By Adam Atlas
Attorney at Law
Perhaps the most valuable thing I can do in this article is to inform readers of the greatest pitfalls I have seen ISOs and merchant level salespeople (MLSs) fall into, in legal terms, over the years. I have pared down my list to five that I feel are especially educational. I hope none of these ever happens to you.
In this article, I have often used the term "ISO" to refer to both ISOs and MLSs because both should be equally concerned with the scenarios described herein. I have also omitted names to protect the identities of the victims.
Believe it or not, some ISOs and agents do not know, with complete certainty, whether they carry liability on merchant losses. In other words, if one of their merchants were to incur a few hundred thousand dollars of chargebacks, these ISOs and MLSs do not know whether they would be asked to carry that liability.
In one case, an ISO was carrying liability under the ISO agreement, but since large losses had never occurred, the processor was not in the habit of passing the liability through to the ISO. Then came a merchant who was in the business of selling fancy electric beds to elderly buyers for $7,000 apiece.
One day, the merchant sold 20 beds, took the money from the sales and never delivered the beds. This time, the processor did not absorb the liability and turned to the ISO to pay nearly $150,000 in chargebacks when the elderly customers did not receive their beds. The payment obligation in this scenario decimated the ISO's children's college fund - and more. The lesson here is to know when you carry liability and when you do not and to plan accordingly.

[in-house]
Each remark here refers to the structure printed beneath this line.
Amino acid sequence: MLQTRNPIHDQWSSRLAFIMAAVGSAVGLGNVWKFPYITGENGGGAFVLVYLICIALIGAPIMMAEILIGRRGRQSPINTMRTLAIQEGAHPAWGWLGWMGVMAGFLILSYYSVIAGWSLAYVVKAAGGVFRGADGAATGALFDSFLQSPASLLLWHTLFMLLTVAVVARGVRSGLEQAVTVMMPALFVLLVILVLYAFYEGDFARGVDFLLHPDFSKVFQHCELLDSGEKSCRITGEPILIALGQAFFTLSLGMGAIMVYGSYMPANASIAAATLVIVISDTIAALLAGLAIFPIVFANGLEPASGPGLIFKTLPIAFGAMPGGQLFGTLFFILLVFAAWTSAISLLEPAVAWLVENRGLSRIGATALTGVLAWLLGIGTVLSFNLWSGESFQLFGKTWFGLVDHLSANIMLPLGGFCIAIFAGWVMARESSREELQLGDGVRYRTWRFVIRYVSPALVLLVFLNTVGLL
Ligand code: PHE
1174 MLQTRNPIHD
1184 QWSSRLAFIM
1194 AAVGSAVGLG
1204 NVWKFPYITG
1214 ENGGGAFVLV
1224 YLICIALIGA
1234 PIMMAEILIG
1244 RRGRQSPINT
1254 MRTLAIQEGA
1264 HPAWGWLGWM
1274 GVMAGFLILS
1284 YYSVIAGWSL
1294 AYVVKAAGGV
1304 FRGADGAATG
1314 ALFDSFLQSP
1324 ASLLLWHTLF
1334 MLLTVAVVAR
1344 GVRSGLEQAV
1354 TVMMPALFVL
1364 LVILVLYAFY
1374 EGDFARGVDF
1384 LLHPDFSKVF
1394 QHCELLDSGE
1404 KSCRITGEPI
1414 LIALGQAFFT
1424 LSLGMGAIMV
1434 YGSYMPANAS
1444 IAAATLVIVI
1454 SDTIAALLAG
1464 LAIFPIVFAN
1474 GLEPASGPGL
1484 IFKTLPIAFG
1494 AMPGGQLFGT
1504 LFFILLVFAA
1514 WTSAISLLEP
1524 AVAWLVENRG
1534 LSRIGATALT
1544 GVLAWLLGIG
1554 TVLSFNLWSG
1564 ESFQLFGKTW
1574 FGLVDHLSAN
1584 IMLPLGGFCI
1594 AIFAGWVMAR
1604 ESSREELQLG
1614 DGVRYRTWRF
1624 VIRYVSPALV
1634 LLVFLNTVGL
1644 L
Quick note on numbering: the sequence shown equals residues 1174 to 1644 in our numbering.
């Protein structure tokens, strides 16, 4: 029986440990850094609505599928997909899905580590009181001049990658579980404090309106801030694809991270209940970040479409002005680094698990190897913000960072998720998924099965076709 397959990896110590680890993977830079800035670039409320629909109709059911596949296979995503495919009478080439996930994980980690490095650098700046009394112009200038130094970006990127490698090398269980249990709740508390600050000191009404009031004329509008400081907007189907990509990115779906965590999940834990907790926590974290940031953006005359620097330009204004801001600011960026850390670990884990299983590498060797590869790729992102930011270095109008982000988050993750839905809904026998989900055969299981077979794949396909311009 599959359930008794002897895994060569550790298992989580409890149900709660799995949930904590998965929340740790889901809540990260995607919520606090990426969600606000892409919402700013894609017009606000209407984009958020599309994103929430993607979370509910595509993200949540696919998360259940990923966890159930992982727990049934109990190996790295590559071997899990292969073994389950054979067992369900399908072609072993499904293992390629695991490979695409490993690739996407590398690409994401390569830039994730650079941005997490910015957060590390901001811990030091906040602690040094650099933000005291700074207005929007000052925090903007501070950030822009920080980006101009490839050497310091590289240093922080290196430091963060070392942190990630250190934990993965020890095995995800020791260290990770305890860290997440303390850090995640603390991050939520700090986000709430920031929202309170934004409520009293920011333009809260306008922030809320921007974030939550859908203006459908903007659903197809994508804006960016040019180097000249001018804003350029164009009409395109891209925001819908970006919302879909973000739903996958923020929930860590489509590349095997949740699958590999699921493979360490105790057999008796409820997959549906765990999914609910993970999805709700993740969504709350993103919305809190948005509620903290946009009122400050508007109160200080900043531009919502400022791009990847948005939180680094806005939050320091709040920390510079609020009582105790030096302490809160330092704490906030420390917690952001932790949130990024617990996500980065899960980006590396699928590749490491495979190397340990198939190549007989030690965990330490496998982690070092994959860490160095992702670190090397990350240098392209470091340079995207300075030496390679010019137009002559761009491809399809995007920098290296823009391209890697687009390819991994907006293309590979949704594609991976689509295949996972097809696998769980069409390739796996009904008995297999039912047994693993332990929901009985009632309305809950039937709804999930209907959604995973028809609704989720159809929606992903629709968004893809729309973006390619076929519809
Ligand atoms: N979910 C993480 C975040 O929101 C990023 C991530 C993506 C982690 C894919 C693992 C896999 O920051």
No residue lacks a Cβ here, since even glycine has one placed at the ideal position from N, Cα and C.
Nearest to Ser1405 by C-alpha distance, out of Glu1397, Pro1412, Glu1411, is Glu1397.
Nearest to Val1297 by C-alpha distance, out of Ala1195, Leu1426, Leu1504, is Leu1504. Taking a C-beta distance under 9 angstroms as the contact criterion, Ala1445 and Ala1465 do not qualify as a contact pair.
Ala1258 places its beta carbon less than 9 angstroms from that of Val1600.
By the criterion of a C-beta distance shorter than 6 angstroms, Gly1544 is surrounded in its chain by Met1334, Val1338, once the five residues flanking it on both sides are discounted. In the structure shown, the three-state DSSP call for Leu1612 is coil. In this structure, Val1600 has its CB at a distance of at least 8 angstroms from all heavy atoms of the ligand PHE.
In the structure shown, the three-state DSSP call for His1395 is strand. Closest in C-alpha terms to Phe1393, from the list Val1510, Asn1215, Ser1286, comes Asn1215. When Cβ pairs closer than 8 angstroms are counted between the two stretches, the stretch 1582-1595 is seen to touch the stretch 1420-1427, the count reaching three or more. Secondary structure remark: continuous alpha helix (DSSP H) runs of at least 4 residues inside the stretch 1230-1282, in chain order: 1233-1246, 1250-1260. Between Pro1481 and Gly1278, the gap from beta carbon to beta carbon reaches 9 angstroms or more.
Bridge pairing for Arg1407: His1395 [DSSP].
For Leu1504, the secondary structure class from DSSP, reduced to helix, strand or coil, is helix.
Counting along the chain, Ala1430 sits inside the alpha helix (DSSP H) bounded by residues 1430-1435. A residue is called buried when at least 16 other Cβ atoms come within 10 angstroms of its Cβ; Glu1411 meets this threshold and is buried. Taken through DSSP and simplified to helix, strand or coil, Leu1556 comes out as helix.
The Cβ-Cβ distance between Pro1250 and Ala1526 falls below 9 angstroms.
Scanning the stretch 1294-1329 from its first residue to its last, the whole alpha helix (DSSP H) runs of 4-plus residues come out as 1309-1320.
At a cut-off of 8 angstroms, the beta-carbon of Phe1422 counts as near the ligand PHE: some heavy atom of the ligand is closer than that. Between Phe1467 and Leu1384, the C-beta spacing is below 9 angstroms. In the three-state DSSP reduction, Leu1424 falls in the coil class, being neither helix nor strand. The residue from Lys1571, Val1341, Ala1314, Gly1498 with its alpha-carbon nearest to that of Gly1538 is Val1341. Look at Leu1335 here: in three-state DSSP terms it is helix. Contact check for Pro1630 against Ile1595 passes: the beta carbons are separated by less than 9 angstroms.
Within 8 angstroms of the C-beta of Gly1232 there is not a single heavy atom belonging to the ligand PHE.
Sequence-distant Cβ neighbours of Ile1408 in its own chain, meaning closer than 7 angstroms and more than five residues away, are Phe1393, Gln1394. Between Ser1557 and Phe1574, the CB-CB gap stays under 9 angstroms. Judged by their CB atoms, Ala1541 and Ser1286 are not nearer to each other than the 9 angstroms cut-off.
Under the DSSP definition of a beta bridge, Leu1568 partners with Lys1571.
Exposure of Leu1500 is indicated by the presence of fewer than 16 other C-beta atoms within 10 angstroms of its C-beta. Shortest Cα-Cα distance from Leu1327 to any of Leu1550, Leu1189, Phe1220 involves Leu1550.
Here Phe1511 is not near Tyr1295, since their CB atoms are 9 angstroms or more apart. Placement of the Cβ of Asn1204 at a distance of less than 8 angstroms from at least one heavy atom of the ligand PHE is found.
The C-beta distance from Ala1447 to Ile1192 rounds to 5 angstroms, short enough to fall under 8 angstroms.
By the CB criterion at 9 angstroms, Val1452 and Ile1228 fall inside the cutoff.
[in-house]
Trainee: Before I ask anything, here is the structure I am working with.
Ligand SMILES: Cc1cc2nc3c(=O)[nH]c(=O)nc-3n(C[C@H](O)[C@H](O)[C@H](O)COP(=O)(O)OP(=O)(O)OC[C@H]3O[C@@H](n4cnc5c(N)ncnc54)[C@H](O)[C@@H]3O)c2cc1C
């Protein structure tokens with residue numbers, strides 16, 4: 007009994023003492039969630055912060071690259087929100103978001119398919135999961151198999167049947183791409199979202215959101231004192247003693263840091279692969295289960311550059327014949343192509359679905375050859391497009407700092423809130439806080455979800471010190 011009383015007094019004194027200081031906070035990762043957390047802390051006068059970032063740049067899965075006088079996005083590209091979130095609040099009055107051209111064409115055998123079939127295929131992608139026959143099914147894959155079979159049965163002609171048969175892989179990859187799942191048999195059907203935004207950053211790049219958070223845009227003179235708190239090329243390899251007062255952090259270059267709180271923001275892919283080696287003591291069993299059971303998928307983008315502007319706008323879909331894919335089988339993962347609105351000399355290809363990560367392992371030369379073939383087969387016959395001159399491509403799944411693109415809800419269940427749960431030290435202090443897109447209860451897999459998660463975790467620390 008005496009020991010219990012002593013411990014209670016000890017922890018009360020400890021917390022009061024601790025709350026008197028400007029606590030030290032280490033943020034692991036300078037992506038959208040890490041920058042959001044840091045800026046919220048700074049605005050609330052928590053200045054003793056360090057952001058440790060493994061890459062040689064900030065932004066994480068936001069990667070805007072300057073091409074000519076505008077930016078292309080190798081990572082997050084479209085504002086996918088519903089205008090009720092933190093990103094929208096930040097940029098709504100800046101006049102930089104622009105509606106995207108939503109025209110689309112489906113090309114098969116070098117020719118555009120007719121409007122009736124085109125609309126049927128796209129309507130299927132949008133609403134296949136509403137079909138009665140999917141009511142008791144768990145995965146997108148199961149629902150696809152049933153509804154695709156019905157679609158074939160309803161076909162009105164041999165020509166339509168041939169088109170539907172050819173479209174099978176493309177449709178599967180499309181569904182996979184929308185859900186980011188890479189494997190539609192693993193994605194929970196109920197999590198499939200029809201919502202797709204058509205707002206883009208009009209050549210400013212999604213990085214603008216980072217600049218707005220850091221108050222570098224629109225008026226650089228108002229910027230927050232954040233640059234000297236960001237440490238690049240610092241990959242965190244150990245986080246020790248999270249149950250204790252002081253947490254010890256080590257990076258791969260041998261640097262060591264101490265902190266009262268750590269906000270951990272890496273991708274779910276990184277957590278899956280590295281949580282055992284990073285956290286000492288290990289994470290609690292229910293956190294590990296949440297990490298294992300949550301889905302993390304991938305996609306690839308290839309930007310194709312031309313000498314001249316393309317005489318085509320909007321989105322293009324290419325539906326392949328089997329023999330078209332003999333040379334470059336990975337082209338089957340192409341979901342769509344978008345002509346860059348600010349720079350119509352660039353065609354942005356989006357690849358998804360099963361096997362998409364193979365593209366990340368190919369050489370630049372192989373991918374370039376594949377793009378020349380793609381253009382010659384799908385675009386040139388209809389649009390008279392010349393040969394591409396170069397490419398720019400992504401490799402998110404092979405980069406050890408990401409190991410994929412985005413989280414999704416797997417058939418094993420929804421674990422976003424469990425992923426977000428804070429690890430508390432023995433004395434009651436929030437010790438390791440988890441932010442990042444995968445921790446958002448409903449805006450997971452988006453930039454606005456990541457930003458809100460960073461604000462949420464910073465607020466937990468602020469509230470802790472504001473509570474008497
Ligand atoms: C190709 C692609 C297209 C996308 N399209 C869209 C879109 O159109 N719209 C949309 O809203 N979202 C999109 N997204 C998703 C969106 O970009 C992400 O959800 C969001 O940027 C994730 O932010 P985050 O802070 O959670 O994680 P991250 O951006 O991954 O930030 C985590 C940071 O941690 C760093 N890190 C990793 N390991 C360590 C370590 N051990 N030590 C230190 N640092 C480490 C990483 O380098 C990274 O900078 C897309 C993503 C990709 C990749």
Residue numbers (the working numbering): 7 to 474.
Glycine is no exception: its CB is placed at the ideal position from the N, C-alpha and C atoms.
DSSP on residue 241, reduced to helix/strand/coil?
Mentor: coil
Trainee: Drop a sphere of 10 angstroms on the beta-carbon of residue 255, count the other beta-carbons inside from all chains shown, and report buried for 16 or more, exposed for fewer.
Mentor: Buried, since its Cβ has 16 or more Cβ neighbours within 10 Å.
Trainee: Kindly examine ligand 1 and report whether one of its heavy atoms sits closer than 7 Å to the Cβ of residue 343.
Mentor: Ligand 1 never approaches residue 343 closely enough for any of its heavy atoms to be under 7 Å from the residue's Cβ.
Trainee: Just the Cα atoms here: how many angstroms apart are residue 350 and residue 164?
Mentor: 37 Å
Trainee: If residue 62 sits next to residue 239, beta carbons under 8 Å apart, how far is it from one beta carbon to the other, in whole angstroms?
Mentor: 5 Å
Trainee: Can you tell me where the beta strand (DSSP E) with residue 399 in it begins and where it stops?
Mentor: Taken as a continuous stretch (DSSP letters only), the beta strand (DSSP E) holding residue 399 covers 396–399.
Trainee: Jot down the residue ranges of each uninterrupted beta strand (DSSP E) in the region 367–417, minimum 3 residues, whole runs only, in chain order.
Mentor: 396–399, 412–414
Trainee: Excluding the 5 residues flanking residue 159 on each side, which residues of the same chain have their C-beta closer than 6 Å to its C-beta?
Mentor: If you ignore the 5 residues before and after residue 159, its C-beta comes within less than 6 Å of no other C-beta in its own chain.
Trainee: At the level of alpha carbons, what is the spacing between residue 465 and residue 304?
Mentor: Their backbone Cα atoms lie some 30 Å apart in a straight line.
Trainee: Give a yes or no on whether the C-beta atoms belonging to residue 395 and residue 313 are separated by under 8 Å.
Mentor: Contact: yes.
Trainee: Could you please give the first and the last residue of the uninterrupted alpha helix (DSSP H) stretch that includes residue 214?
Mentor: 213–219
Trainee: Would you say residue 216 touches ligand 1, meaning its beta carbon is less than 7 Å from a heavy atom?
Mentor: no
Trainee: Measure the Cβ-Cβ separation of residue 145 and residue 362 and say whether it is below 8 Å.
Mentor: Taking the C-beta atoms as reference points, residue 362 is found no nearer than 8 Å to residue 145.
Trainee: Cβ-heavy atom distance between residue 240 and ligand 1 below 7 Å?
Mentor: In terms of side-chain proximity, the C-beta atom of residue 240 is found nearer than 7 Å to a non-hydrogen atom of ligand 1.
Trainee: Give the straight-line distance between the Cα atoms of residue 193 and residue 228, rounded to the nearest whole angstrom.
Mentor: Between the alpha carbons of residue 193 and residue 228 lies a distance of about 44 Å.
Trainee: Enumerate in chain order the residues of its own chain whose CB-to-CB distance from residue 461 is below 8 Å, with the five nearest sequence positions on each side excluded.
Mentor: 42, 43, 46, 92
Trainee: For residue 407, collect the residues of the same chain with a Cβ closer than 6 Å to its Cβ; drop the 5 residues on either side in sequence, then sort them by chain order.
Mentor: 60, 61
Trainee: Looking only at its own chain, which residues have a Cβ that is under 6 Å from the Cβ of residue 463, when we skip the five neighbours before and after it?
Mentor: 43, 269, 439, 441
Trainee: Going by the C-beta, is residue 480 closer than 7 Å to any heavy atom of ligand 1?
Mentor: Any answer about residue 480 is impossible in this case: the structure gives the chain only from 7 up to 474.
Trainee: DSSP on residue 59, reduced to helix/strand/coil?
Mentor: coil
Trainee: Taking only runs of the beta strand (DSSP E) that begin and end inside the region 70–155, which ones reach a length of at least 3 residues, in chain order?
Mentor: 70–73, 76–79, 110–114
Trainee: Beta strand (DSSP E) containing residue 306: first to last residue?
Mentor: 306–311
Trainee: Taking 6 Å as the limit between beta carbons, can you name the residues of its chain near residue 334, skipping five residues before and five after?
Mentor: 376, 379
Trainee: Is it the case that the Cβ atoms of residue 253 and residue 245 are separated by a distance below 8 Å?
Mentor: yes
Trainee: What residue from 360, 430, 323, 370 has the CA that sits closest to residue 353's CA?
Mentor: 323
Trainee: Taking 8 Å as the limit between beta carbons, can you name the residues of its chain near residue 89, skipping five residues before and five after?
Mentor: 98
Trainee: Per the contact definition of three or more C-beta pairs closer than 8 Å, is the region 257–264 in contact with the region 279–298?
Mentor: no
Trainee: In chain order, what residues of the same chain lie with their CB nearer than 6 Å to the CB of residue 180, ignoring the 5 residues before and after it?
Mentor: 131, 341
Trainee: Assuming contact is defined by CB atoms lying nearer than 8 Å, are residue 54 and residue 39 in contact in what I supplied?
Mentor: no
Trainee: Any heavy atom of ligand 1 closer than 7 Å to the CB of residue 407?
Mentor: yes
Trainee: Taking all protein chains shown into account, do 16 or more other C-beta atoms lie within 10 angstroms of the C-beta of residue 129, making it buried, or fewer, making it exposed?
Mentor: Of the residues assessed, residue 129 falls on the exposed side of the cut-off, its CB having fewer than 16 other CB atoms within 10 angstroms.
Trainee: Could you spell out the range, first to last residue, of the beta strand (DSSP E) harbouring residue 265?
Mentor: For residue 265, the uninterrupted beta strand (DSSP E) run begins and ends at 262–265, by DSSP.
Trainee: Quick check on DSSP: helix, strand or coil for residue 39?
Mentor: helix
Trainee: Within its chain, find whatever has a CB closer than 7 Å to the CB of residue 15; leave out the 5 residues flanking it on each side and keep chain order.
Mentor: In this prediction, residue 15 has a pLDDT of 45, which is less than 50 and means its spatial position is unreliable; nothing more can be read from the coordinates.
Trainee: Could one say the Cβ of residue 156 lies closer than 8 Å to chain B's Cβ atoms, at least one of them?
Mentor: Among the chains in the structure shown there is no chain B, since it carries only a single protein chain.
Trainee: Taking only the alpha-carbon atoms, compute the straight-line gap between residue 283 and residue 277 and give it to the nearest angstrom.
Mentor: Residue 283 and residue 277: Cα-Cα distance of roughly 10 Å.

When a husband and wife who jointly operate an ISO are getting along, their business can thrive. When divorce comes along, however, one spouse can be left holding the short end of the ISO business. I am not a family lawyer, so I cannot make recommendations as to prenuptial agreements, and so on, but I can recommend that all spouses in ISO businesses make provisions for a breakup scenario.
I also recommend that spouses arrange for each to have a similar level of access to their company's information and reporting. This will make it harder for one spouse to control the business to the detriment of the other after a divorce.
Also, like all ISOs, spouse-operated ISOs should have legally sound agreements with their MLSs so they cannot move the ISO's merchants elsewhere. This will, for example, help prevent spouses from siphoning merchants out of a disputed ISO business.
It's a plus to have language in an ISO agreement that allows the ISO to move merchants to a different acquirer. Have you ever thought about how you might actually accomplish that move if you had to? Would your processor be reasonable and cooperative?
In one especially sad scenario, the processor for the original acquirer was unwilling or unable to provide data concerning the merchants in a format that was easily transferrable to the new acquirer.